DISTRESS IN THE WEST.
To the Editor of the Freeman. My Dear Sir :—I must again raise my voice in favor of my distressed people. Since I last wrote to you I received only 3s. for their relief. Heaven sees it pains me from circumstances to write this letter, but I must write it from a strong sense of duty—the duty which justice and charity demand,irrespective of the duty my people demand of me as their pastor. There was a Relief Committee formed here before Christmas, of which I was not a member—ne matter why. They commenced relief, so called, with giving coal by tickets, at Is. a cwt., and meal at Is. per stona. I was obliged to employ the laborers of this little town or village of Oughterard for nearly three months, to enable them to buy this coal and meal, until all my funds were exhausted. The Relief Committee, go called (against whom, indeed, I don’t speak, though differing from me in creed, except one, I believe all its members to be humane) confine their charity now in giving relief to laborers alone in cutting turf. Charity—l mean the act of alms, or relief in amy shape—though not possibly universal, may still not degenerate to be particular. There is no coal here now, no meal for the last fortnight, except the few tickets for meal which were at the disposal of the Protestant Rector, the Rtv. Mr. Brownrigg. Now, let us see how stands the cause of’ relief to the distressed here. The laborers in this little town, and in a few villages around, aie employed all well. I trust they shall have relief in that respect for some months, but not in summer, in which they suffer most. But who, I ask in sadness, is to give relief or assistance to the distressed in the many distant villages ?—who to the poor tradesman, to the widow, the orphan, and the sick ?—who to supply them with seed potatoes and manure, and to clothe their naked children ? These are the classes of -the people in most want, and who don’t get relief. I shall mention one circumstance or fact out of many, which will illustrate what I assert. A decent tenant farmer —his name McDonough—respectable in his state of life, and middling comfortable up to this, living in a village six miles distant from Oughterard, applied to me on Thursday last for two hundred of meal to support himself, his wife, and four children. I was astonished, He assured me—and knowing his honest, truthful character,! believed every word he said —he had not one potato in his house nor a pint of meal. He had no potatoes or corn to sow his soil find land. He said he knew not in the world what to and workhouse was altogether out of the question for him, I need not say a word more, though my house from morning to noon and night is, I may say the word, besieged by applicants for relief. With grateful thanks for your many favors and kindnessess, I am, my dear sir, very faithfully yours,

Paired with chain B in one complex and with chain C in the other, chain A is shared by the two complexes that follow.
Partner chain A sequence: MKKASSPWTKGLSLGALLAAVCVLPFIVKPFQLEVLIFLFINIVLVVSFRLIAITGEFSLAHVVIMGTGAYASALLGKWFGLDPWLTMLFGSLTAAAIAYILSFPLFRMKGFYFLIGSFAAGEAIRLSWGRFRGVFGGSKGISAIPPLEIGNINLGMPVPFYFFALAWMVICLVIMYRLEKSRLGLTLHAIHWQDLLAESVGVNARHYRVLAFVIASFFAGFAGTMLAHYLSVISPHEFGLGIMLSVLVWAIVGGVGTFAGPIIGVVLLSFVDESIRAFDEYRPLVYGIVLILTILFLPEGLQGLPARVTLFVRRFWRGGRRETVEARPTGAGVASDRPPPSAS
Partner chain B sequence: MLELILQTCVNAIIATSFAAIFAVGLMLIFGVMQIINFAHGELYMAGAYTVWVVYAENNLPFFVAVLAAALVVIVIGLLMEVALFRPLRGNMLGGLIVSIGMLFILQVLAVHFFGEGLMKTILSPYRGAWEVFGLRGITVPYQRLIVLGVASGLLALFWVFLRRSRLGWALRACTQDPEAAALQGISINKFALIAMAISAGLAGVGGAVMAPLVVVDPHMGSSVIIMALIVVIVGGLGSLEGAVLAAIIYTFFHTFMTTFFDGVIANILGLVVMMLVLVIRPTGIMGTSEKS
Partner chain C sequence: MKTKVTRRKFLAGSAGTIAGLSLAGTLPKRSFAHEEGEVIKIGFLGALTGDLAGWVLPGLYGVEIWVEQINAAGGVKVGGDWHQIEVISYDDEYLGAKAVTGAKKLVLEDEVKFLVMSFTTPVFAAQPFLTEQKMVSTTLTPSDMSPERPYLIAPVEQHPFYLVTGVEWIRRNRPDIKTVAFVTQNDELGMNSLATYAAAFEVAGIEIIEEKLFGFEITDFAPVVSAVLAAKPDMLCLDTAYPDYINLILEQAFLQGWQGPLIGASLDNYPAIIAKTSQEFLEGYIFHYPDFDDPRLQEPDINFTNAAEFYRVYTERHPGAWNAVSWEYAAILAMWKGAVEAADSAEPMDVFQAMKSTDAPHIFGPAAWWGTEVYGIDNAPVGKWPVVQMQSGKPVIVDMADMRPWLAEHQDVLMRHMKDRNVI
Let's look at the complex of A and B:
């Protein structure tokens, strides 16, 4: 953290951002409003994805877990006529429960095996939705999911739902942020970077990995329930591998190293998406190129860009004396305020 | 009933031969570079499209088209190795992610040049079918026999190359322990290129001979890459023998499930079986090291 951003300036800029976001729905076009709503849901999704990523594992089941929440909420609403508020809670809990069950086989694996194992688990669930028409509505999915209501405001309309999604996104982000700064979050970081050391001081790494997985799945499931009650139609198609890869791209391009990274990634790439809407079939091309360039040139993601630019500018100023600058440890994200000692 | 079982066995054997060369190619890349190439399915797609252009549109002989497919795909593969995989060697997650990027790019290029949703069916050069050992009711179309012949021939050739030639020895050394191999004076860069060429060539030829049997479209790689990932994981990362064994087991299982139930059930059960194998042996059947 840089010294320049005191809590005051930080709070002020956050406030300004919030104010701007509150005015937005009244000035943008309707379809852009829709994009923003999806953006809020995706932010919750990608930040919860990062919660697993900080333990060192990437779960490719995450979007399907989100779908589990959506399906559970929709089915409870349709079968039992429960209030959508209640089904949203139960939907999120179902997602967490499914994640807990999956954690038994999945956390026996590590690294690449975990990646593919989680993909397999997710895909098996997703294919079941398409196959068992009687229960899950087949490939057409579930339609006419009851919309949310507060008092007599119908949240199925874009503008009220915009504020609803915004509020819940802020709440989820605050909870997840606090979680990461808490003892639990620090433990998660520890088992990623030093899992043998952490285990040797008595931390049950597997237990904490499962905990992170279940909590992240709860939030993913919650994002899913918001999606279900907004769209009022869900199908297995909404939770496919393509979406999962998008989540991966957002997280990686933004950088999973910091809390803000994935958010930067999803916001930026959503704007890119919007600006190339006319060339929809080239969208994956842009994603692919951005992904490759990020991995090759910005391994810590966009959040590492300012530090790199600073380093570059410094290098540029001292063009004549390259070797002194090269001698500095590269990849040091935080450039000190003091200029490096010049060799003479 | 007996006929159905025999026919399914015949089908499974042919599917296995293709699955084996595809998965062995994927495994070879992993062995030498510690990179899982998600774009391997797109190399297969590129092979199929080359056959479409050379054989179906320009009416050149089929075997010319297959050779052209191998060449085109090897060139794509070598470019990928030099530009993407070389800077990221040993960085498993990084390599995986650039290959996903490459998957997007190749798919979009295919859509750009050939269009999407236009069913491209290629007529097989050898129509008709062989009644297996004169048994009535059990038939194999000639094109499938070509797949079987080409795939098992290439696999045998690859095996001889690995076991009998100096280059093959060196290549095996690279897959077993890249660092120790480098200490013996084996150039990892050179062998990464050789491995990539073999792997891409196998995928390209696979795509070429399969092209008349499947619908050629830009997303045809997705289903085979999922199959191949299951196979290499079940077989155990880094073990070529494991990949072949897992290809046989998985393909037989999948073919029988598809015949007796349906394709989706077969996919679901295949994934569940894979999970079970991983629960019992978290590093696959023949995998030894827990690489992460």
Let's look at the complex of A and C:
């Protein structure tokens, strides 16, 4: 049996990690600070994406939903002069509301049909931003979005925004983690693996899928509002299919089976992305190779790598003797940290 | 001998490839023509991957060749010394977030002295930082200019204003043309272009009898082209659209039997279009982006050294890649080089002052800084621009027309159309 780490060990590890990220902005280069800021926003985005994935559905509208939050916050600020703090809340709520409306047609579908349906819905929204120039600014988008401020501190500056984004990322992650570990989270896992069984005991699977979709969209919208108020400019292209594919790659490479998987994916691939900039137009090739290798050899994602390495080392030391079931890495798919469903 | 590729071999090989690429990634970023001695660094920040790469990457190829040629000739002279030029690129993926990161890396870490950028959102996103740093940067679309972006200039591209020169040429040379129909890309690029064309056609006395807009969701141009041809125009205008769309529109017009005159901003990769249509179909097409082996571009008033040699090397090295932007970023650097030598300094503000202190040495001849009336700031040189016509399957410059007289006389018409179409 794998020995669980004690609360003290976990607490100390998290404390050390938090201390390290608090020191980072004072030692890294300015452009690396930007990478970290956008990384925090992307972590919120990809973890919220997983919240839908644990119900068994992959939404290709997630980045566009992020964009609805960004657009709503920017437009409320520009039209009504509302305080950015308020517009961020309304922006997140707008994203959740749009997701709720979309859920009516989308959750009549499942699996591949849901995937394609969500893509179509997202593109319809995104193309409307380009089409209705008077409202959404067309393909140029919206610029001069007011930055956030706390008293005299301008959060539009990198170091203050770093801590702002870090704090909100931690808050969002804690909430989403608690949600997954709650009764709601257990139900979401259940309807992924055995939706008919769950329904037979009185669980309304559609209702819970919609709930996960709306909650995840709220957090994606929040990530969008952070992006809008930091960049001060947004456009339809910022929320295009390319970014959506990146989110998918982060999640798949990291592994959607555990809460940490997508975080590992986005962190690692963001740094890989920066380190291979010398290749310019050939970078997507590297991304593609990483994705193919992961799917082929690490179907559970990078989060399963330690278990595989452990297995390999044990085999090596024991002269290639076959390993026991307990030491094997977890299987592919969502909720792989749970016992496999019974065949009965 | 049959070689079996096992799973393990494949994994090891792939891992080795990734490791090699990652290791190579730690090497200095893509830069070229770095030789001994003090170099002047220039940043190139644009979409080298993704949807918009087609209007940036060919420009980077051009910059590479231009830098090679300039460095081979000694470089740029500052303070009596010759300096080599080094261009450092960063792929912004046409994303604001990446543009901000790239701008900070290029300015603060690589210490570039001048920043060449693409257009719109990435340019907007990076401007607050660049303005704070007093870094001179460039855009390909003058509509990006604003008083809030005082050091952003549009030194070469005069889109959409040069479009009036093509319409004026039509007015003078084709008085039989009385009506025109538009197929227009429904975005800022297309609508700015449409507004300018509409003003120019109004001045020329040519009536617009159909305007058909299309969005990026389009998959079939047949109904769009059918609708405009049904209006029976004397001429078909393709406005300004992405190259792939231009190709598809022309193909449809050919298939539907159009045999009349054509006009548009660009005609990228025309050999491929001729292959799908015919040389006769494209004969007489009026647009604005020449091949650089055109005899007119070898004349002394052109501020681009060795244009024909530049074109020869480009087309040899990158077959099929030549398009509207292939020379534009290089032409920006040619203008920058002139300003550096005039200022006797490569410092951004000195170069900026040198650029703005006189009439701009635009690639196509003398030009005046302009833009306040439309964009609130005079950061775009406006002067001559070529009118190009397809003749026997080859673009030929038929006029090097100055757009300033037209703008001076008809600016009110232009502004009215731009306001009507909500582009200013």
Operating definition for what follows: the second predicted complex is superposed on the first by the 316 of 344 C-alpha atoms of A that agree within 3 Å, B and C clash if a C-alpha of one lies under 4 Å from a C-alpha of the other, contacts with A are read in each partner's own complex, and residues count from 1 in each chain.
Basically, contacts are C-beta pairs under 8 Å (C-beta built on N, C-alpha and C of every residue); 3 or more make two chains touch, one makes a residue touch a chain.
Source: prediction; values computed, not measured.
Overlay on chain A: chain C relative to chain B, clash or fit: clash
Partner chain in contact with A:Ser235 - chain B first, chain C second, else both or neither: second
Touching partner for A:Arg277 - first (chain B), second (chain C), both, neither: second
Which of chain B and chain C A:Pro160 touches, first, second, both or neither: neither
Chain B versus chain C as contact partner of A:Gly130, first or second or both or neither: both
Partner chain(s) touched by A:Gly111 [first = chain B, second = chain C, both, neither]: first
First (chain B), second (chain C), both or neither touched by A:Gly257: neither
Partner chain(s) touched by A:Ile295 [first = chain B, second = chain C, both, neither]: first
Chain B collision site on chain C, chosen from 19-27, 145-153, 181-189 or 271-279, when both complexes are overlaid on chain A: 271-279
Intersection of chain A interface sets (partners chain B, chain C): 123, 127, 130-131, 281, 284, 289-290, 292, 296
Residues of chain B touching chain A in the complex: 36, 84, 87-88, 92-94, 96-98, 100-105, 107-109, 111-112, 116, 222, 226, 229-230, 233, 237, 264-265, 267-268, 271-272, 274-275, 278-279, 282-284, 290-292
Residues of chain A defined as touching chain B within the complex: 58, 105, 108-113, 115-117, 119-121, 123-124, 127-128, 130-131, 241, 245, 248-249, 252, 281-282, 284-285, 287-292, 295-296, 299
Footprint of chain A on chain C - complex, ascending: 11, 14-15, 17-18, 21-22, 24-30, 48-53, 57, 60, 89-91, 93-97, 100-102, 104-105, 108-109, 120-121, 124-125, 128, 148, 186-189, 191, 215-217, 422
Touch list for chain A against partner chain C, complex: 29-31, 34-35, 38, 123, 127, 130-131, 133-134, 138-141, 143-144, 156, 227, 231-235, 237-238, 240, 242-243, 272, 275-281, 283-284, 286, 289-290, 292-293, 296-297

M. A. KAVANAGE, P. P.
Pilot – Boston College Libraries Newspaper
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